Will the citizens in Canton, IL be getting a big lump of coal in their stocking? Or will the Illinois Environmental Protection Agency (IEPA) do the right thing and Protect Canton Lake and Copperas Creek from strip mining coal?
That’s what a large crowd of people who attended IEPA public hearings in Canton last night are wondering.The IEPA held the hearings to determine the request of Capital Resources Development Company, LLC, for a 401 Water Quality Certification¹ and a National Pollutant Discharge Elimination System (NPDES)² permit for the proposed North Canton Mine. The proposed 1,084.5-acre coal strip mine site is located just over a mile upstream from Canton Lake, threatening the safety and quantity of drinking water for 20,000 people and permanently destroying miles of tributary streams in the Copperas Creek watershed.Aerial view showing proximity of proposed North Canton Mine to Canton Lake–drinking water supply for over 20,000 people.
The Illinois Department of Natural Resources (IDNR) has identified the Copperas Creek watershed as a strategic watershed in the Illinois River Bluffs regions due to its high quality habitat. Allowing the mine to destroy these streams is in complete opposition to the Department’s plan to “protect the good stuff first.”
If anyone gets a lump of coal in their stocking it should be Capitol Resources Development, LLC for the 300 Clean Water Act violations since 2003 at its Industry Mine in McDonough County. Despite ongoing legal action since 2009, IEPA has issued no fines and the Industry Mine continues to pollute.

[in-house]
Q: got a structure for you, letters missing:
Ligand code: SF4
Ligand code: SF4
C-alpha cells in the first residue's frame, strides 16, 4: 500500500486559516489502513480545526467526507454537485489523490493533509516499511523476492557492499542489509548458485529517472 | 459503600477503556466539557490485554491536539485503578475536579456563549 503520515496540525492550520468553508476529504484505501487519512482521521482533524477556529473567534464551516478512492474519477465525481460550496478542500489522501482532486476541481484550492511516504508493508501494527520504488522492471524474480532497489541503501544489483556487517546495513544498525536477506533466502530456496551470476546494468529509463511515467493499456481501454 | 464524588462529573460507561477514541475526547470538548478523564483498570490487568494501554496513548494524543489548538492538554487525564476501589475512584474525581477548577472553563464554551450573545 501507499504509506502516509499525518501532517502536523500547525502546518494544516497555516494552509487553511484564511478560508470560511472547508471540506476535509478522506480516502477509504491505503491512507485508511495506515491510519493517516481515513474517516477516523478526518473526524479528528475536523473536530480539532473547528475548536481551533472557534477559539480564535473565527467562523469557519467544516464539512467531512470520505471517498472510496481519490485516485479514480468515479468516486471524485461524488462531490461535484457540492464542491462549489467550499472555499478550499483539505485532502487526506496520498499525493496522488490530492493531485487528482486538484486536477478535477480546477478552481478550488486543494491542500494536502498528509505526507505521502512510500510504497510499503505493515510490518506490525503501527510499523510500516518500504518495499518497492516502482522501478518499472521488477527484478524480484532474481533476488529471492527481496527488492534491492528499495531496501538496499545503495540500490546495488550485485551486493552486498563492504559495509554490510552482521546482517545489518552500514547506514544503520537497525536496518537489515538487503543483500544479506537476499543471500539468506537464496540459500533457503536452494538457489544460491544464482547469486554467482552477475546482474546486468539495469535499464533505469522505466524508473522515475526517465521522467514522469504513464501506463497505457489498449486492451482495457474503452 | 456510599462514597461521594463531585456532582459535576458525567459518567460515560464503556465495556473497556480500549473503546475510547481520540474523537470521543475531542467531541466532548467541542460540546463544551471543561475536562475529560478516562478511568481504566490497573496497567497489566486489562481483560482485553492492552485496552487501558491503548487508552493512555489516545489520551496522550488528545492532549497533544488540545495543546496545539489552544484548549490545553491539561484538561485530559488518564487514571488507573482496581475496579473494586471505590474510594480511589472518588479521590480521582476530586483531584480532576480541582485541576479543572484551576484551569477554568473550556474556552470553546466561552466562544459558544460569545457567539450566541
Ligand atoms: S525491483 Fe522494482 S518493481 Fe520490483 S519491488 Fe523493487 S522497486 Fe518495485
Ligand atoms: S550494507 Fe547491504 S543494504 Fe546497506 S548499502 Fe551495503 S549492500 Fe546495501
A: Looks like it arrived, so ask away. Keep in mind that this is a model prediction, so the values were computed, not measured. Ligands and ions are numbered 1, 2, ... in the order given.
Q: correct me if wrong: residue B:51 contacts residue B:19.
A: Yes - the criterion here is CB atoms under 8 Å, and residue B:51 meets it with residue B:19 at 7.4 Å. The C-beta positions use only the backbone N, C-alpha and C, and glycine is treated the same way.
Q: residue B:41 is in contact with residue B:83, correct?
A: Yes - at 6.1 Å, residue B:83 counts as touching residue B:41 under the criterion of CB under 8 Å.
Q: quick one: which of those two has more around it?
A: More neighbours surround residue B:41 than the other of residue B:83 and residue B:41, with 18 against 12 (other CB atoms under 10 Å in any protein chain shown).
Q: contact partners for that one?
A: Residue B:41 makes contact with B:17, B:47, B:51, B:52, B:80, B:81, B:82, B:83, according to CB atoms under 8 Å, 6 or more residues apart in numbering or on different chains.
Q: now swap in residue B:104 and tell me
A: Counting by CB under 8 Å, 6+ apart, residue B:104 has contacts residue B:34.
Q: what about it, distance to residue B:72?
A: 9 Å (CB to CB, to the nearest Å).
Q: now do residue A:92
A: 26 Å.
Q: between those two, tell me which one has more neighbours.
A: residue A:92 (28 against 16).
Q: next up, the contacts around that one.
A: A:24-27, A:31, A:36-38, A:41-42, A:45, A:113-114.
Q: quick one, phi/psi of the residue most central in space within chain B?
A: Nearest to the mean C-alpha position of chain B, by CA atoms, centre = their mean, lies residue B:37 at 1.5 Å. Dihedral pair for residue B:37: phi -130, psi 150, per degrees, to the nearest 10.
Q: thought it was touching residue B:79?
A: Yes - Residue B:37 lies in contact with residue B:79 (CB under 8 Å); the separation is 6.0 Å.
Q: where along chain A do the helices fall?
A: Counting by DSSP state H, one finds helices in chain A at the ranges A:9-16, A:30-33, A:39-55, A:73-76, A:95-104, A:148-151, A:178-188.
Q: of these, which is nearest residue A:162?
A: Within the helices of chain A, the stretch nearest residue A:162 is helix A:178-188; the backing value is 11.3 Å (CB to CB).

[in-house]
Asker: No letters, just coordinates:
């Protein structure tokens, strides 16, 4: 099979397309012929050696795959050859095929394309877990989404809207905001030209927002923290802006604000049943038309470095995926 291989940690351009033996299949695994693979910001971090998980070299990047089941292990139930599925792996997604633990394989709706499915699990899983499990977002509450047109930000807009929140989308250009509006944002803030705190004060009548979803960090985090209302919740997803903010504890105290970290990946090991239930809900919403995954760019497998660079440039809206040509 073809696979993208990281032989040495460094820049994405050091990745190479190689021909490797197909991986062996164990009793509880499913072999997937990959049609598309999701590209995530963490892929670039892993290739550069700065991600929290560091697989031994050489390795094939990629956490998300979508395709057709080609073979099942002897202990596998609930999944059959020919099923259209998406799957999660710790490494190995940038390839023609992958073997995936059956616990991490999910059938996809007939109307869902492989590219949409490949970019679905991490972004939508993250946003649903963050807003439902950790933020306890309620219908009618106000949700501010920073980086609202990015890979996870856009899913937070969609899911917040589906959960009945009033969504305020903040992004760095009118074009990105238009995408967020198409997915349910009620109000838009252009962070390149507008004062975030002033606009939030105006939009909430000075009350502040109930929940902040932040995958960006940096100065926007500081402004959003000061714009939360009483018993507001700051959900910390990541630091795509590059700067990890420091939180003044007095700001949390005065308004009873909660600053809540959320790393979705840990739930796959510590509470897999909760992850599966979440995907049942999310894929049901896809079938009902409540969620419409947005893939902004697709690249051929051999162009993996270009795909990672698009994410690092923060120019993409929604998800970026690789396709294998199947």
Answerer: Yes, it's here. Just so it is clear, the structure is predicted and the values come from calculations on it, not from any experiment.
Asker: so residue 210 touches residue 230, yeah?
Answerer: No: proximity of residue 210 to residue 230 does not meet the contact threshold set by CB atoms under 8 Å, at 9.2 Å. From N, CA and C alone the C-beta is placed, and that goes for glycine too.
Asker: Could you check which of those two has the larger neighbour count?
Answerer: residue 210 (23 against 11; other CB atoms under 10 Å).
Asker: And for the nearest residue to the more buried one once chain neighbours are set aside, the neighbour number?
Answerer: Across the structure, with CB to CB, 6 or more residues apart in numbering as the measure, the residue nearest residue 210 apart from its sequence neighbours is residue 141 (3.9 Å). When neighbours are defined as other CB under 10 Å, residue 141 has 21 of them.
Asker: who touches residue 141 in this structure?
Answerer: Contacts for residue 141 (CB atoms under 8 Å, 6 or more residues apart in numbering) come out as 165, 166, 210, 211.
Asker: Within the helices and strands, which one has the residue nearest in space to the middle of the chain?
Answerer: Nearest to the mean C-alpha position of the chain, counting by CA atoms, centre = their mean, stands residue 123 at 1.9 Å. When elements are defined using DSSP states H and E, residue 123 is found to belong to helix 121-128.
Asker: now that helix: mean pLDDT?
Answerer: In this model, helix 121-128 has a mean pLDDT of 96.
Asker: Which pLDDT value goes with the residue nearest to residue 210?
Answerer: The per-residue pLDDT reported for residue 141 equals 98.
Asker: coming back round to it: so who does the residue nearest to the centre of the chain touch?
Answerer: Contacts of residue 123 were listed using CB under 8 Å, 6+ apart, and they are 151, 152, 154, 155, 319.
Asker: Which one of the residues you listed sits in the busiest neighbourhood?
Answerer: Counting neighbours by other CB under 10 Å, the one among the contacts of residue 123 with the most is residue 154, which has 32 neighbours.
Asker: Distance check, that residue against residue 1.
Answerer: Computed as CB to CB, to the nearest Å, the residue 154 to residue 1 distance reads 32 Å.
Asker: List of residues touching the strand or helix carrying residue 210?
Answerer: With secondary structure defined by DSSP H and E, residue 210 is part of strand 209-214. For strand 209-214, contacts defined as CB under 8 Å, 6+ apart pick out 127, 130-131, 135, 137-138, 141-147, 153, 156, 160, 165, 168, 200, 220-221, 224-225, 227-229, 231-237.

It’s not too late to show your support for a broad alliance of farmers, business people, health care professionals, teachers, attorneys, students, retirees, camping, hunting, and fishing enthusiasts who have all come together to protect their area’s sole source of drinking water from an ill-conceived and potentially disastrous mine proposal.
Comments concerning both the 401 certification and the NPDES permit can be made until Jan. 5, 2012. Submit your comments using our handy Sierra Club Online Action form. Or email your comments– but be sure to specify either NPDES or 401 in the subject line.
¹The 401 certification is for impacts to the watershed associated with the proposed mine site, which is currently used for agriculture with forested stream corridors.
²The NPDES permit is for storm water related discharges of wastewater from the mine site into the Middle Branch of Copperas Creek and the West Branch Copperas Creek.
5 thoughts on “Citizens of Canton in Fulton County don’t deserve a stocking full of coal!”
I temporarily worked in a strip mine in Eastern Ohio in the 50,s. It devastated everything around: the land, water, trees & the wildlife. The draglines buried the topsoil & my friends out there say the water & land will never recover. I just got the video ‘Last Mountain’ which was shown in only one theatre in Chicago even though it had a three star rating by Roger Ebert & was introduced by Robert Kennedy Jr. When I was only 15 I realized coal stripmining was terribly wrong especially the destructive legacy it leaves for all future generations. If coal is to be mined it should be done with safe modern deep mining & employ at least one half million men as it once did. A fair wage for deep miners today should be in the $30 dollar an hour range & the mining industry would still make money considering that they are getting at least 75 dollars a ton due to coals high btu content.
Here’s a photo essay I’ve done on the effects of coal and long wall mining in central Illinois. We need to move beyond coal! http://www.flickr.com/photos/shootingstarsinc/sets/72157627969461533/
IEPA has extended the comment period until Midnight Jan. 13, 2012. Submit your comments using our handy Sierra Club Online Action form at http://action.sierraclub.org/site/MessageViewer?em_id=221536.0&dlv_id=190204
Joe, Your photo essay is incredible! Thanks for sharing!